Leading Colombian drug kingpin turns himself in

Reuters News
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Posted: May 07, 2012 2:14 PM
Leading Colombian drug kingpin turns himself in

BOGOTA (Reuters) - A Colombian suspected of running a violent cocaine cartel, one of the country's most-wanted men, has surrendered to U.S. drug officials and could get a lighter sentence if he helps authorities fight drug trafficking, Colombian police said on Monday.

Javier Antonio Calle, for whom the U.S. government was offering a $5-million reward, turned himself in to the U.S. Drug Enforcement Agency (DEA) on the Caribbean island of Aruba and was flown to New York on Friday, authorities said.

"As a result of ... the National Government's efforts to track down all drug traffickers, in the past few hours Javier Antonio Calle turned himself in," said Jose Roberto Leon, deputy director of Colombia's police force.

Calle, 43, is considered the kingpin of "Los Rastrojos" (The Stubbles), a violent criminal network that controls some key smuggling routes and is believed responsible for sending several tonnes of cocaine every year into the United States.

According to high-ranking Colombian police authorities, several drug traffickers in the Andean country are in talks to hand themselves in to the DEA, which is offering them lighter jail sentences in the United States if they give tip-offs on other drug traffickers and their smuggling routes.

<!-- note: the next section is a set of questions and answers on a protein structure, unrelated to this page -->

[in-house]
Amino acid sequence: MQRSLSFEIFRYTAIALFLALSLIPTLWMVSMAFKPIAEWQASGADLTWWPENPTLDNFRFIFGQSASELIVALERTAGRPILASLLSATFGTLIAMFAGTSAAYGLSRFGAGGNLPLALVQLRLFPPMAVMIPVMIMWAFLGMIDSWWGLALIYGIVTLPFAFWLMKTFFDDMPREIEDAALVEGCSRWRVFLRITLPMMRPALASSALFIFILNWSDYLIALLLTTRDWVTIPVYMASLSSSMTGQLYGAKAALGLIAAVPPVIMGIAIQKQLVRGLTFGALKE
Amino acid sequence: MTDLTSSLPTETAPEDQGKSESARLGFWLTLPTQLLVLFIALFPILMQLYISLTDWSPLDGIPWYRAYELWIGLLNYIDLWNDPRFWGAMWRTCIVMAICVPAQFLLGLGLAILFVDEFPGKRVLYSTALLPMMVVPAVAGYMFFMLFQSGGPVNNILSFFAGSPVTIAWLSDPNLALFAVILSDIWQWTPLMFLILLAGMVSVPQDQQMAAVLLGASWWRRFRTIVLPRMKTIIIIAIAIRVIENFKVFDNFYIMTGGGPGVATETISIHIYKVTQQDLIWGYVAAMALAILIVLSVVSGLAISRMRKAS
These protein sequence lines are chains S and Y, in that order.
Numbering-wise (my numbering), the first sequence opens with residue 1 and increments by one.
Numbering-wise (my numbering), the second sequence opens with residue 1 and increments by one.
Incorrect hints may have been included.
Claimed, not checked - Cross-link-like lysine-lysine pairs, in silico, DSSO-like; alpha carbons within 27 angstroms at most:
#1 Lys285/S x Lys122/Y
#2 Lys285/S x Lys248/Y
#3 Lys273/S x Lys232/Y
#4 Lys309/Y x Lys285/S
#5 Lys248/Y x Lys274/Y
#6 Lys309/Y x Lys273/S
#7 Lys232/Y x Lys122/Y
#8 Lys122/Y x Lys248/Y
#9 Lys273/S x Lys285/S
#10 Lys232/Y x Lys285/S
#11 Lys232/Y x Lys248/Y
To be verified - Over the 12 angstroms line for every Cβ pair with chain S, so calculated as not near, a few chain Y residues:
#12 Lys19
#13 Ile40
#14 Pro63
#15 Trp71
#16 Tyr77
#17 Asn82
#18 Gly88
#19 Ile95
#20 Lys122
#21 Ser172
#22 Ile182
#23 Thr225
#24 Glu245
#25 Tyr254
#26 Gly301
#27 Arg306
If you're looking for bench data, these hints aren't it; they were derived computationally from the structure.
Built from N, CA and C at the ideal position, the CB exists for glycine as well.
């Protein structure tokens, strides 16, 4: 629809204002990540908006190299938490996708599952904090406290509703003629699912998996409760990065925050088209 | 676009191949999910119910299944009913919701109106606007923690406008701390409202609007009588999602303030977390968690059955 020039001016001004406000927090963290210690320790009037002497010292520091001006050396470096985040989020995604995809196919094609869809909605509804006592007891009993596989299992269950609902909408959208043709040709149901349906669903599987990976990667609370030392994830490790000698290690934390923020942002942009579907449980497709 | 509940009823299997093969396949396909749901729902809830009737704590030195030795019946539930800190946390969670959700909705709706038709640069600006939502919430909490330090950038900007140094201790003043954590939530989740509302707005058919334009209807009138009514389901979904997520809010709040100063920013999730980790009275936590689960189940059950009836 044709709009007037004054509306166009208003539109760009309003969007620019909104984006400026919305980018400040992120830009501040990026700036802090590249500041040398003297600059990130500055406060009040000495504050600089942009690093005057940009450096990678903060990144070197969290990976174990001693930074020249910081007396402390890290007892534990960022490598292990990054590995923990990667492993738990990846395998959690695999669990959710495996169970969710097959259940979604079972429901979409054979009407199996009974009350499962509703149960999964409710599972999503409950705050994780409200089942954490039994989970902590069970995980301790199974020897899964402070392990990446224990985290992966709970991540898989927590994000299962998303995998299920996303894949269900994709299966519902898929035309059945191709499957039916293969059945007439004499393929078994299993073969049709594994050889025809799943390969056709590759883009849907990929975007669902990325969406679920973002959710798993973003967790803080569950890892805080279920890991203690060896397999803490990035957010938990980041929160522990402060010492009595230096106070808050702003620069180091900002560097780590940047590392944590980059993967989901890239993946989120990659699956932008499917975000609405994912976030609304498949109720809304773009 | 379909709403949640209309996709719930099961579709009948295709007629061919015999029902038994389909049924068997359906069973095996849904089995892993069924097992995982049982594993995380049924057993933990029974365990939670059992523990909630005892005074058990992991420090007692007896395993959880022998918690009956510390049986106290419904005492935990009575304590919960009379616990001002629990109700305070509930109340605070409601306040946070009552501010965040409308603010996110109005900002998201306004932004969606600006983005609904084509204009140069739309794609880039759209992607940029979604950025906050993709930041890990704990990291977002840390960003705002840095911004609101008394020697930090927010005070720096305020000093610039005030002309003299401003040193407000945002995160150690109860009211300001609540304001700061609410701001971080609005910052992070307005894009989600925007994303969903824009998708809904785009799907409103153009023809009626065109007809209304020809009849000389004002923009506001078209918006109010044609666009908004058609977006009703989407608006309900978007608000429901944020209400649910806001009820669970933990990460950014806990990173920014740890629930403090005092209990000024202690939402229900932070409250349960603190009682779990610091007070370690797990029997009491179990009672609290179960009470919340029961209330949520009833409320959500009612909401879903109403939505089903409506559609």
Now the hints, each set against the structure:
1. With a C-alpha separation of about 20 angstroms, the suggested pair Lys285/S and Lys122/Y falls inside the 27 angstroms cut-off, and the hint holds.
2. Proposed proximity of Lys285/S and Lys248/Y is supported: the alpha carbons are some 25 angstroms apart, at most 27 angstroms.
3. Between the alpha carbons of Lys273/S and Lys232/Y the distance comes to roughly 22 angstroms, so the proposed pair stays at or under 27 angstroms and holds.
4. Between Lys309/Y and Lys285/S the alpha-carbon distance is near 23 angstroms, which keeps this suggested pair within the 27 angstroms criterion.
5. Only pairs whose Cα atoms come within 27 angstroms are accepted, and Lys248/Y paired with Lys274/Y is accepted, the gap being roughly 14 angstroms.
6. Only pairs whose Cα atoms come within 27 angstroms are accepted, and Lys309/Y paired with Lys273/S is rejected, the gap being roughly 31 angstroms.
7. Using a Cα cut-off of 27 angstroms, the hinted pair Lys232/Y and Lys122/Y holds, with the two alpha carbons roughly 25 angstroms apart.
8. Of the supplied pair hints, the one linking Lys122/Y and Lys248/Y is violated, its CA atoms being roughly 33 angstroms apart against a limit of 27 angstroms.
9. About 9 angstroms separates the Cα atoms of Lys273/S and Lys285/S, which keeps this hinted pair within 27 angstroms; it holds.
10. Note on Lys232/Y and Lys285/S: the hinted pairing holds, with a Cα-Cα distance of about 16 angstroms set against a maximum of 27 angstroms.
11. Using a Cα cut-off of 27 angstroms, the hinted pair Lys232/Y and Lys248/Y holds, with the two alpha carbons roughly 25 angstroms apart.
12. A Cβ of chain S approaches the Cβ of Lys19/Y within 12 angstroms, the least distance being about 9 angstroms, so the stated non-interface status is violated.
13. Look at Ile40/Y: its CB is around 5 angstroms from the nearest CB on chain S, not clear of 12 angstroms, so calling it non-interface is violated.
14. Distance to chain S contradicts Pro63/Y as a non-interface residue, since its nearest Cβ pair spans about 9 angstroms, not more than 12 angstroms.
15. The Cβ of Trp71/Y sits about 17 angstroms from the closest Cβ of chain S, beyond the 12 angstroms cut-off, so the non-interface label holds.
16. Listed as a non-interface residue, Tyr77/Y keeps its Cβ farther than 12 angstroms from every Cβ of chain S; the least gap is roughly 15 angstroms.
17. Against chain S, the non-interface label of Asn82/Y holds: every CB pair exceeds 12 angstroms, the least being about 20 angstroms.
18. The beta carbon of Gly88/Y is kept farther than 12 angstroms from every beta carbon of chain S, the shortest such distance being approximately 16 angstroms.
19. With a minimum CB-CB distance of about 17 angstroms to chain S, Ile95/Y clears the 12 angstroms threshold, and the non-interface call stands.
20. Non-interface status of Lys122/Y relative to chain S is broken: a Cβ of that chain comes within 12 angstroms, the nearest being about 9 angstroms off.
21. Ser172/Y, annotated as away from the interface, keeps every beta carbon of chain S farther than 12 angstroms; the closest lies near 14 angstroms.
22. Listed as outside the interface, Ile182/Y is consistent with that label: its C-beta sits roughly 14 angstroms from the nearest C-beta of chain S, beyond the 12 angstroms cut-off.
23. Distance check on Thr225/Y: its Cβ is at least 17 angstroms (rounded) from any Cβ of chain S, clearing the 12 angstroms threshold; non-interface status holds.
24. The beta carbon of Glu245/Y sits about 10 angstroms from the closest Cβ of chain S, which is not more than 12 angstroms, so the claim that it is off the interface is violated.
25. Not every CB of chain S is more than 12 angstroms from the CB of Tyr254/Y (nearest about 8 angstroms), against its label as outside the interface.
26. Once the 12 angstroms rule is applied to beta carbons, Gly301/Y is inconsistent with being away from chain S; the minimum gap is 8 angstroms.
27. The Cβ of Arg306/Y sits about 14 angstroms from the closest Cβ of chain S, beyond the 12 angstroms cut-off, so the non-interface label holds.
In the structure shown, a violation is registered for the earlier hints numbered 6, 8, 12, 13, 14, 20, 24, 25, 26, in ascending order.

The killing of Wilber Alirio Varela, alias "Jabon" (Soap), a rival cocaine trafficker, allowed Javier Antonio Calle and his brother Luis Enrique, to gain control of some key routes in the Colombian Pacific coast and cement ties with Mexico's Sinaloa drug cartel.

Javier Antonio is still at large, but their brother, Juan Carlos, was arrested in Ecuador in March.

Aided by billions of dollar in U.S. aid, Colombia, one of the world's biggest cocaine exporters, has made strides in recent years against Marxist guerrillas and paramilitary groups that finance themselves with drug sales.

Some of them have strong ties with Mexican drug cartels.

(Reporting By Luis Jaime Acosta; Writing by Eduardo Garcia, Editing by Andrew Cawthorne and Cynthia Osterman)